Altede is a startup company led by Ed Champion, Dr. Anna Champion, and Briana Petruzzi. They are currently in the process of developing their product, which will be a kit to test for gluten and other allergens in food.


Tell me a little about your team.

Ed Champion: I am the president and I have an MBA and marketing background. I have experience writing many complex proposals, mostly to defense firms. I handle the checkbook, the business affairs and take the lead in writing proposals. Anna is my daughter and she has a Ph.D. in biomedical science. She’s the scientific brains behind the outfit and does the creative thinking and how to solve the technical problems. Briana Petruzzi is an associate of Anna’s. She is a Ph.D. candidate at the lab where Anna works at Virginia Tech. She is in the process of writing her dissertation. She is our product manager, so she is more concerned about the physical configuration of what the kit will actually look like, and she helps me with manufacturing. She also does a lot of the lab work with Anna.

What motivated and inspired you to start your company?

Ed Champion: In December of 2014 Anna and I were sitting in a Chinese restaurant waiting for our order to arrive when Anna looked at me and she said something like, “wow, I wish I knew for sure that the egg drop soup had no gluten in it.”. Then she smiled and told me she and Briana thought they knew how to create a product that could test for gluten in food. Being an MBA I’ve always dreamed of beginning a start up, and immediately saw potential to create a business. Due to the experience of trying to modify our kitchen to be gluten-free after Anna developed celiac disease at the age of twelve, I could see that developing a test for gluten in foods would be a big service. If we could figure out a way to do create a product that is easy, fast, and affordable then we could provide that service to people with serious gluten problems.

What does success look like to you?

Ed Champion: It turns out that because of federal budget cuts there is less biological research going on than there was when Anna started her Ph.D. She does not have a job that is worthy of all the work she put into getting her Ph.D. and Briana can see that being a factor in her future as well. Success for me would be that I am able to retire in a couple years, get enough money to buy my dream sailboat, and that Anna and Briana would have a job worthy of their education. Gluten is one of eight major food allergies recognized by the U.S. government, and if we are successful then they could use the same techniques that we used to develop tests for other food allergies. There is potential for this business to continue to grow and be really prosperous. Success for me would also include that we are able to demonstrate this product and produce a company that provides jobs here in this area. We are from Blacksburg, but we really like this area and we want to contribute to its success.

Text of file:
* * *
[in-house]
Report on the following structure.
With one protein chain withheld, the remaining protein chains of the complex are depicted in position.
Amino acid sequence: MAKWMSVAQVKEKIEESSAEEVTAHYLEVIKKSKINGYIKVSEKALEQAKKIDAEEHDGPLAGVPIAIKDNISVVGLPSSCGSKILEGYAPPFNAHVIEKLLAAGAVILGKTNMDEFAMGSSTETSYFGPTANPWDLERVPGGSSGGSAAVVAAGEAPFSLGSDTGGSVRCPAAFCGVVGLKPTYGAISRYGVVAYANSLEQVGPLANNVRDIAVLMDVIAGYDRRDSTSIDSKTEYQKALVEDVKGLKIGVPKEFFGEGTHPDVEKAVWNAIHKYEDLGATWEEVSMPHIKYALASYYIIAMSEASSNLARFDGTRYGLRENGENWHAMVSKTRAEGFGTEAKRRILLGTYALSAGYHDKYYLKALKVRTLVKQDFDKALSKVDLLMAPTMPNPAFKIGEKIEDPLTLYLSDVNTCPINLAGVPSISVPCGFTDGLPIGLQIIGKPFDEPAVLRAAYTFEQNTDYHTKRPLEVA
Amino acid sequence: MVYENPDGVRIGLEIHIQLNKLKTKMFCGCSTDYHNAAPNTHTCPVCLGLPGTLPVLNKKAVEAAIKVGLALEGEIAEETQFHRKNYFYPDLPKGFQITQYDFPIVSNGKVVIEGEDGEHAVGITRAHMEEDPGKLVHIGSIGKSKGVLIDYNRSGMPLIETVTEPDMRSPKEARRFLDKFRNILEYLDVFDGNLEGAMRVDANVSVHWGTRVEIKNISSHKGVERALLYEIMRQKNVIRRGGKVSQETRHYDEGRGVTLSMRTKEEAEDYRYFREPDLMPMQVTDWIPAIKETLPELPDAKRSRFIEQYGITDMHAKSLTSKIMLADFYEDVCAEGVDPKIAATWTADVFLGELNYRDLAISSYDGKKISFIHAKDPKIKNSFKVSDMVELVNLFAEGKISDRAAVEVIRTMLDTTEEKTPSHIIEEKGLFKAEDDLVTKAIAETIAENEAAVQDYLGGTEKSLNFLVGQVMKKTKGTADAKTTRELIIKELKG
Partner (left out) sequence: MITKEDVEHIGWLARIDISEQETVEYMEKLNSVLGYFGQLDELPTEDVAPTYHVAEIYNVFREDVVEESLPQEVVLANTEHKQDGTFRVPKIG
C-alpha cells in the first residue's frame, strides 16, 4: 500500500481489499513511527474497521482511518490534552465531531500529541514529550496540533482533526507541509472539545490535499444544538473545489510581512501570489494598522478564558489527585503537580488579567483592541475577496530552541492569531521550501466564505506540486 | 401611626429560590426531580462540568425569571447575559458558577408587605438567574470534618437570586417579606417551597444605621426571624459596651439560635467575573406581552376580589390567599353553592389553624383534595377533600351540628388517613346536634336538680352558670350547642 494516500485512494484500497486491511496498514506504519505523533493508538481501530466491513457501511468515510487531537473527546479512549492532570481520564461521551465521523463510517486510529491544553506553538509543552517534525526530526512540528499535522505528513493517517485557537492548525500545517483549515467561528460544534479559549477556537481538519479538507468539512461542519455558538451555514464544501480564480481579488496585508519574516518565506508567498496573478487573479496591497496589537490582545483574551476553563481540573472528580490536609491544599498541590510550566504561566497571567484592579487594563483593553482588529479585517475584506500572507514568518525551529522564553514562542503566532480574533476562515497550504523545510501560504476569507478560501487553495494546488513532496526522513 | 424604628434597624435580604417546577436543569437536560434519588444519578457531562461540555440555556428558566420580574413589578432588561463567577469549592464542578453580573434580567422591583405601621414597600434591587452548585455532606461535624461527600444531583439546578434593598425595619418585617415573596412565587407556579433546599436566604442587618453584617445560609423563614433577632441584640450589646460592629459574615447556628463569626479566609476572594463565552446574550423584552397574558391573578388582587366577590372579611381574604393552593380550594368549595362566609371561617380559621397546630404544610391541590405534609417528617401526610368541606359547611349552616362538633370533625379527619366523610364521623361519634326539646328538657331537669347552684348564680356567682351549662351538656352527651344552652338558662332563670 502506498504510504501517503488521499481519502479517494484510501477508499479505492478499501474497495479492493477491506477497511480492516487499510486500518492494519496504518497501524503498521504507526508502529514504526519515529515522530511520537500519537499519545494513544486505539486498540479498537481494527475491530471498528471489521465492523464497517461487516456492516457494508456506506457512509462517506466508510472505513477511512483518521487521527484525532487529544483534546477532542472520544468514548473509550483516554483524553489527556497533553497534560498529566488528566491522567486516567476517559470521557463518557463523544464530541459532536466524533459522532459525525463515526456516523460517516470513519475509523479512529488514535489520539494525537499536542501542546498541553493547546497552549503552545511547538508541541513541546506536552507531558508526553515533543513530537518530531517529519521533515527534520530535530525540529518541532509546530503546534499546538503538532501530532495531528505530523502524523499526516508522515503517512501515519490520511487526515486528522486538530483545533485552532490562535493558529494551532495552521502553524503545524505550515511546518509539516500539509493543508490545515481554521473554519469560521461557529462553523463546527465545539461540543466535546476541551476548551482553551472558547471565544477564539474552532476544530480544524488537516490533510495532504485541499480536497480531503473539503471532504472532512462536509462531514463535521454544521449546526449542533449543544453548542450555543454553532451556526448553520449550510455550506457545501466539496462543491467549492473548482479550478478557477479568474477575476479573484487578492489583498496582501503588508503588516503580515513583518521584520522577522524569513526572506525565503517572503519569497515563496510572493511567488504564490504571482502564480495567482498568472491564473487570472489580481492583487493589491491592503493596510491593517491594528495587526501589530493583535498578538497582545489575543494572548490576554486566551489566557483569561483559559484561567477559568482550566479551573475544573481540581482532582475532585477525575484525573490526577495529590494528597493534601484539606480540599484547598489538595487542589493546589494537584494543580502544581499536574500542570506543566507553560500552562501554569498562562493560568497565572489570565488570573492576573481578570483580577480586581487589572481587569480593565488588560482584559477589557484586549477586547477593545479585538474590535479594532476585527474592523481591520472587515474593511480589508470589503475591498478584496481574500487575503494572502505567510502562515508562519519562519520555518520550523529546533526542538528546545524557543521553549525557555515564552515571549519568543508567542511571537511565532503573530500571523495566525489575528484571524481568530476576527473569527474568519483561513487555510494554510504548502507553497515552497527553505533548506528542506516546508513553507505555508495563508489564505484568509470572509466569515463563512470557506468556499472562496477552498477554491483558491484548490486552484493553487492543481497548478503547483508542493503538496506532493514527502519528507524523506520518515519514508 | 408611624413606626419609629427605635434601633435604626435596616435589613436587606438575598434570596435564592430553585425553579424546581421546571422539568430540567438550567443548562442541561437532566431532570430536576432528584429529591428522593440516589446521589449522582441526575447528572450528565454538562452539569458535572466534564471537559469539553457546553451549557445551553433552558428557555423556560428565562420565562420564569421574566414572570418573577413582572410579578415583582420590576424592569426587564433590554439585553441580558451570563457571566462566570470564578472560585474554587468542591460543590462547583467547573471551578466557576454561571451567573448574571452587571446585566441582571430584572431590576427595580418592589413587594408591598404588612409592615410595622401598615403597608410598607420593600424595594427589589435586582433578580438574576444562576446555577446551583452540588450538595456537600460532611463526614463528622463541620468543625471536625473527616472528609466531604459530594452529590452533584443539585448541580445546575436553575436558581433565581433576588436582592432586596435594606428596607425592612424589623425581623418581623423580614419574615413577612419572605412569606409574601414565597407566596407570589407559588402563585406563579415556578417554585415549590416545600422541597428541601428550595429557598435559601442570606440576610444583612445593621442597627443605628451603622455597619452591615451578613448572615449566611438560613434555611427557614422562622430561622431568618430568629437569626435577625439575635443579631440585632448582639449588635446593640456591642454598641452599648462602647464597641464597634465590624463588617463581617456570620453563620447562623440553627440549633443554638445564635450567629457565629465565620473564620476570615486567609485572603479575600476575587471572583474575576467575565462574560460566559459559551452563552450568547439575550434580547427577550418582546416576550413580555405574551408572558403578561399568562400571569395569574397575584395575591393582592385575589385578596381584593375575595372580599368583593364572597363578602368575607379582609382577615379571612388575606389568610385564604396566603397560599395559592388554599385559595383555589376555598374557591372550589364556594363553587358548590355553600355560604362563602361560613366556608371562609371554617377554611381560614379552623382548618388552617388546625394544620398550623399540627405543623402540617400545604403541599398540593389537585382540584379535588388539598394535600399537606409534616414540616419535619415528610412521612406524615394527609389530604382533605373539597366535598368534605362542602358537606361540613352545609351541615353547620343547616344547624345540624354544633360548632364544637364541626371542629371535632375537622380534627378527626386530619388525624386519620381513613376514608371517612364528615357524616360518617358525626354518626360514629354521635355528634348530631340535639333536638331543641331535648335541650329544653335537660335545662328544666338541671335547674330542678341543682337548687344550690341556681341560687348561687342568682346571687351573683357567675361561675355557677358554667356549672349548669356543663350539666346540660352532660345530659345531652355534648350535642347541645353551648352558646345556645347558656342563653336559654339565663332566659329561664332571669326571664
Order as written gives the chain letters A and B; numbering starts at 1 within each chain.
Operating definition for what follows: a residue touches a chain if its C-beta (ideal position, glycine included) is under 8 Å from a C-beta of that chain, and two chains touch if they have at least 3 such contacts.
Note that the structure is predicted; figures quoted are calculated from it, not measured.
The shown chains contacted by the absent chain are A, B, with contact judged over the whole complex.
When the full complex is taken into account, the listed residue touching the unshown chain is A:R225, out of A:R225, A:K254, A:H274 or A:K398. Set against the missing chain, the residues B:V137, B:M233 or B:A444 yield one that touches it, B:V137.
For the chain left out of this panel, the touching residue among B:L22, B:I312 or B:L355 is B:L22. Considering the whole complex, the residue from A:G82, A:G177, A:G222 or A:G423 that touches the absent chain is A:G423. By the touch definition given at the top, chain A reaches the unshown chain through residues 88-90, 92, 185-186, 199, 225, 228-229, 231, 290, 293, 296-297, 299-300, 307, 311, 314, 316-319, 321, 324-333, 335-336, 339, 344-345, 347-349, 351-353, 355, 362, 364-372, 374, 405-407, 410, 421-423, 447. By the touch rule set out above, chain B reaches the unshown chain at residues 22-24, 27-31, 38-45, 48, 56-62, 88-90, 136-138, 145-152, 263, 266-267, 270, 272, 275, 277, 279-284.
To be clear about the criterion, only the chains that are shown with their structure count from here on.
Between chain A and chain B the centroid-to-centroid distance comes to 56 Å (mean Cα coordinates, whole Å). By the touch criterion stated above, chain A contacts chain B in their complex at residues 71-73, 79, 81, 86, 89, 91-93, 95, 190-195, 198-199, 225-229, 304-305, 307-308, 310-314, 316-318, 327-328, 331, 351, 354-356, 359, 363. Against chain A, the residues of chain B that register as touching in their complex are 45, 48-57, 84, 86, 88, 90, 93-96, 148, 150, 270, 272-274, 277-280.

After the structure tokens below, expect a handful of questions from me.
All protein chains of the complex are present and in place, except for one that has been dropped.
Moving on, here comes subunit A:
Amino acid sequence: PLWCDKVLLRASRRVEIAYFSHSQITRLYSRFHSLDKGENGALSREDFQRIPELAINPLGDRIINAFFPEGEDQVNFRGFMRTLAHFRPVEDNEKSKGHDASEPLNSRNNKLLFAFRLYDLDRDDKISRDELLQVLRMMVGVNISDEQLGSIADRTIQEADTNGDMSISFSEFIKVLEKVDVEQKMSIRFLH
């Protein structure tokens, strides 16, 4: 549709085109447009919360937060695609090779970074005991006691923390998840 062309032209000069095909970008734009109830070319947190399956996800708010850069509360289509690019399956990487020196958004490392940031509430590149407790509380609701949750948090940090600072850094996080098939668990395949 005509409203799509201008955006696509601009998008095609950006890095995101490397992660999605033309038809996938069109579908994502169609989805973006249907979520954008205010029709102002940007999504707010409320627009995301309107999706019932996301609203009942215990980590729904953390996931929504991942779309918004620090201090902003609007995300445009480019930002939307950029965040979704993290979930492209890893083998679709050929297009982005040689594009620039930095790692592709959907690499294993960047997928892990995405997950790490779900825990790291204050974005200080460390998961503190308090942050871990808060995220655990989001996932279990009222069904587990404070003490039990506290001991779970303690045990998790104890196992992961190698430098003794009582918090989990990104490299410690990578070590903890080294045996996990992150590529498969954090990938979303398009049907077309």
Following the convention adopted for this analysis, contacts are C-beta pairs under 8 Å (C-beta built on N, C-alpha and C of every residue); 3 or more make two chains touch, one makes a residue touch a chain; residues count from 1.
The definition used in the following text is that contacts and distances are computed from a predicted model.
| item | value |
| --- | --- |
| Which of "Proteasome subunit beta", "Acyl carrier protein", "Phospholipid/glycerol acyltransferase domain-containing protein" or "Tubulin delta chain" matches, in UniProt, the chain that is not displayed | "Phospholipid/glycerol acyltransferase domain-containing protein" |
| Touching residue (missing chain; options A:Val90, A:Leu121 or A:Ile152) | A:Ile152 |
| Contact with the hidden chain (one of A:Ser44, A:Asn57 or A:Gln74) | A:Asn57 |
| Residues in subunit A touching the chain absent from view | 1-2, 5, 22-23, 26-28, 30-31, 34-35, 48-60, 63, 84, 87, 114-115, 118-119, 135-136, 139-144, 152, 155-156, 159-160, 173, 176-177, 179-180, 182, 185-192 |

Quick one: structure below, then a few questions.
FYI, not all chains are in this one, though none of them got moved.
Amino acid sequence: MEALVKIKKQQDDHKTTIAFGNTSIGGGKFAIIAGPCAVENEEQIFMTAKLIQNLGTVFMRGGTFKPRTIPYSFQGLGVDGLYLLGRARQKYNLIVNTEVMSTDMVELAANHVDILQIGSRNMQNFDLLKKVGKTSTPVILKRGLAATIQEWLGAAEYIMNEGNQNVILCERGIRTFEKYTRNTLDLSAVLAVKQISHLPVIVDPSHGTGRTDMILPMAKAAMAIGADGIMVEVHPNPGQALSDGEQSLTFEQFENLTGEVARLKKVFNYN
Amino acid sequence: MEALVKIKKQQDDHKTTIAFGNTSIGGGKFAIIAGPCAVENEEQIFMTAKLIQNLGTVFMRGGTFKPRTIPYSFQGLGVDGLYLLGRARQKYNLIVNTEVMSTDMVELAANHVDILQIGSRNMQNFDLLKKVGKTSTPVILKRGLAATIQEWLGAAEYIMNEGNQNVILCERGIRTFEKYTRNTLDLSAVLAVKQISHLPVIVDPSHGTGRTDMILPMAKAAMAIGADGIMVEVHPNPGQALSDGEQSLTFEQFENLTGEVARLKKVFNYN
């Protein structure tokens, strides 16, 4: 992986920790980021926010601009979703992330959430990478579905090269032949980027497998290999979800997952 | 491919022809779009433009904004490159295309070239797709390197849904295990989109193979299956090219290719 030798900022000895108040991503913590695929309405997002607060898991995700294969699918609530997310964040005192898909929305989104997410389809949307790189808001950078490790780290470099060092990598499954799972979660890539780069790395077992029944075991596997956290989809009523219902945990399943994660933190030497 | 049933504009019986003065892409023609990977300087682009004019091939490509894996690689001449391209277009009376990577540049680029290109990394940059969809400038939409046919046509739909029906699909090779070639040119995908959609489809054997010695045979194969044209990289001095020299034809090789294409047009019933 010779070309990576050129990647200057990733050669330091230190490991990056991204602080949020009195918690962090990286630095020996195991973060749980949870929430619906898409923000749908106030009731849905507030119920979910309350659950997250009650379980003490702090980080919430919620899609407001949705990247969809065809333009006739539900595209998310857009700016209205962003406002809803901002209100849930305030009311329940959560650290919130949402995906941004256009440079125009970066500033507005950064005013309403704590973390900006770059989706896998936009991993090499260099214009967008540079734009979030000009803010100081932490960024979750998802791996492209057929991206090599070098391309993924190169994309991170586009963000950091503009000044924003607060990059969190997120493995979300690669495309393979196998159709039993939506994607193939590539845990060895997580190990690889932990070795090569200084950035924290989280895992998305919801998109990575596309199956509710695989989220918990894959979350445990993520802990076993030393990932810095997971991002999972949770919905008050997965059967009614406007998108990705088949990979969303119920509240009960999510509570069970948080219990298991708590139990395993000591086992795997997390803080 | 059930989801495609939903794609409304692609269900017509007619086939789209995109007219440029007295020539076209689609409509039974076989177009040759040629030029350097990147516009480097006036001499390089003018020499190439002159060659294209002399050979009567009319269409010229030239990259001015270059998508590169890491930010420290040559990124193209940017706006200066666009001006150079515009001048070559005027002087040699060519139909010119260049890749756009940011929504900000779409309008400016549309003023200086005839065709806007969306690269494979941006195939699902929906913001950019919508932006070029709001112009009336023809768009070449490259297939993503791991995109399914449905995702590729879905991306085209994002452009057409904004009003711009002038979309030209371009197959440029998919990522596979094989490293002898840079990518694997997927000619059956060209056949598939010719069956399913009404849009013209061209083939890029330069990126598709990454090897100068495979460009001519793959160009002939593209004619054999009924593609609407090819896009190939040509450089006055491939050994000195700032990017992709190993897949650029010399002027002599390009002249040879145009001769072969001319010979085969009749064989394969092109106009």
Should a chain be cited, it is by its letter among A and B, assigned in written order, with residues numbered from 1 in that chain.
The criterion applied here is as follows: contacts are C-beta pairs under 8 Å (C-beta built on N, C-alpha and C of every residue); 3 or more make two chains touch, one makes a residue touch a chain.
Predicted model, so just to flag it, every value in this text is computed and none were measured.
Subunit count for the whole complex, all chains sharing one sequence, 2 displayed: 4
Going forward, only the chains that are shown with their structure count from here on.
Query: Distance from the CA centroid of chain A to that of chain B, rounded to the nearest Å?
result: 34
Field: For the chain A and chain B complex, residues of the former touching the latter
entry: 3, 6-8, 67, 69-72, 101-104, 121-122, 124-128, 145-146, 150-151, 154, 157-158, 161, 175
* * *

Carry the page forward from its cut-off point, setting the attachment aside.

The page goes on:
What are you working on now/next?

Ed Champion: Anna and Briana are finalizing the chemistry and configuration of the product and I’m assisting with the mechanical side. We are also performing customer discovery by going out and talking to other people with celiac disease to see how their experiences differ. We are trying to uncover different segments of the market and verify all of our assumptions. I have been meeting with dietitians, people who have celiac disease, people with gluten intolerance, and people who eliminate gluten because they believe it makes them feel better. We are trying to find out how they live and how gluten affects their lives, where our tests fit in, how much they are willing to pay for our product, and whether they will buy it via the Internet. Most people want to remain informed about the business after I talk with them. So, I have begun to accumulate a list of emails and plan to  publish a monthly newsletter about our progress.

What advice would you give to those interested in starting a business?

Ed Champion: I went to the Naval Academy and Robert Heinlein, a famous science fiction novelist, came to speak to the midshipmen. One of the two things I remember about his speech is that the most important thing about writing, is to get started and do it. I would say that starting a business is the same way. It is one thing to think about it, but you have to actually start to do it in order to make it happen. At the same time, I would say once you start analyzing and thinking about it you have to be willing to say, “no, this is not a good idea after all,” but if you don’t start and start seriously putting it together you won’t get there.

So you’re working with a mentor, tell me about that experience.

Ed Champion: We happened to know our mentor before being brought in to RAMP. She is the wife of a local entrepreneur and is taking over her retired husband’s business. We met previously at a poster board session and she invited us to tour her plant in Christiansburg. She brings a totally different perspective to the team and helps us all work together.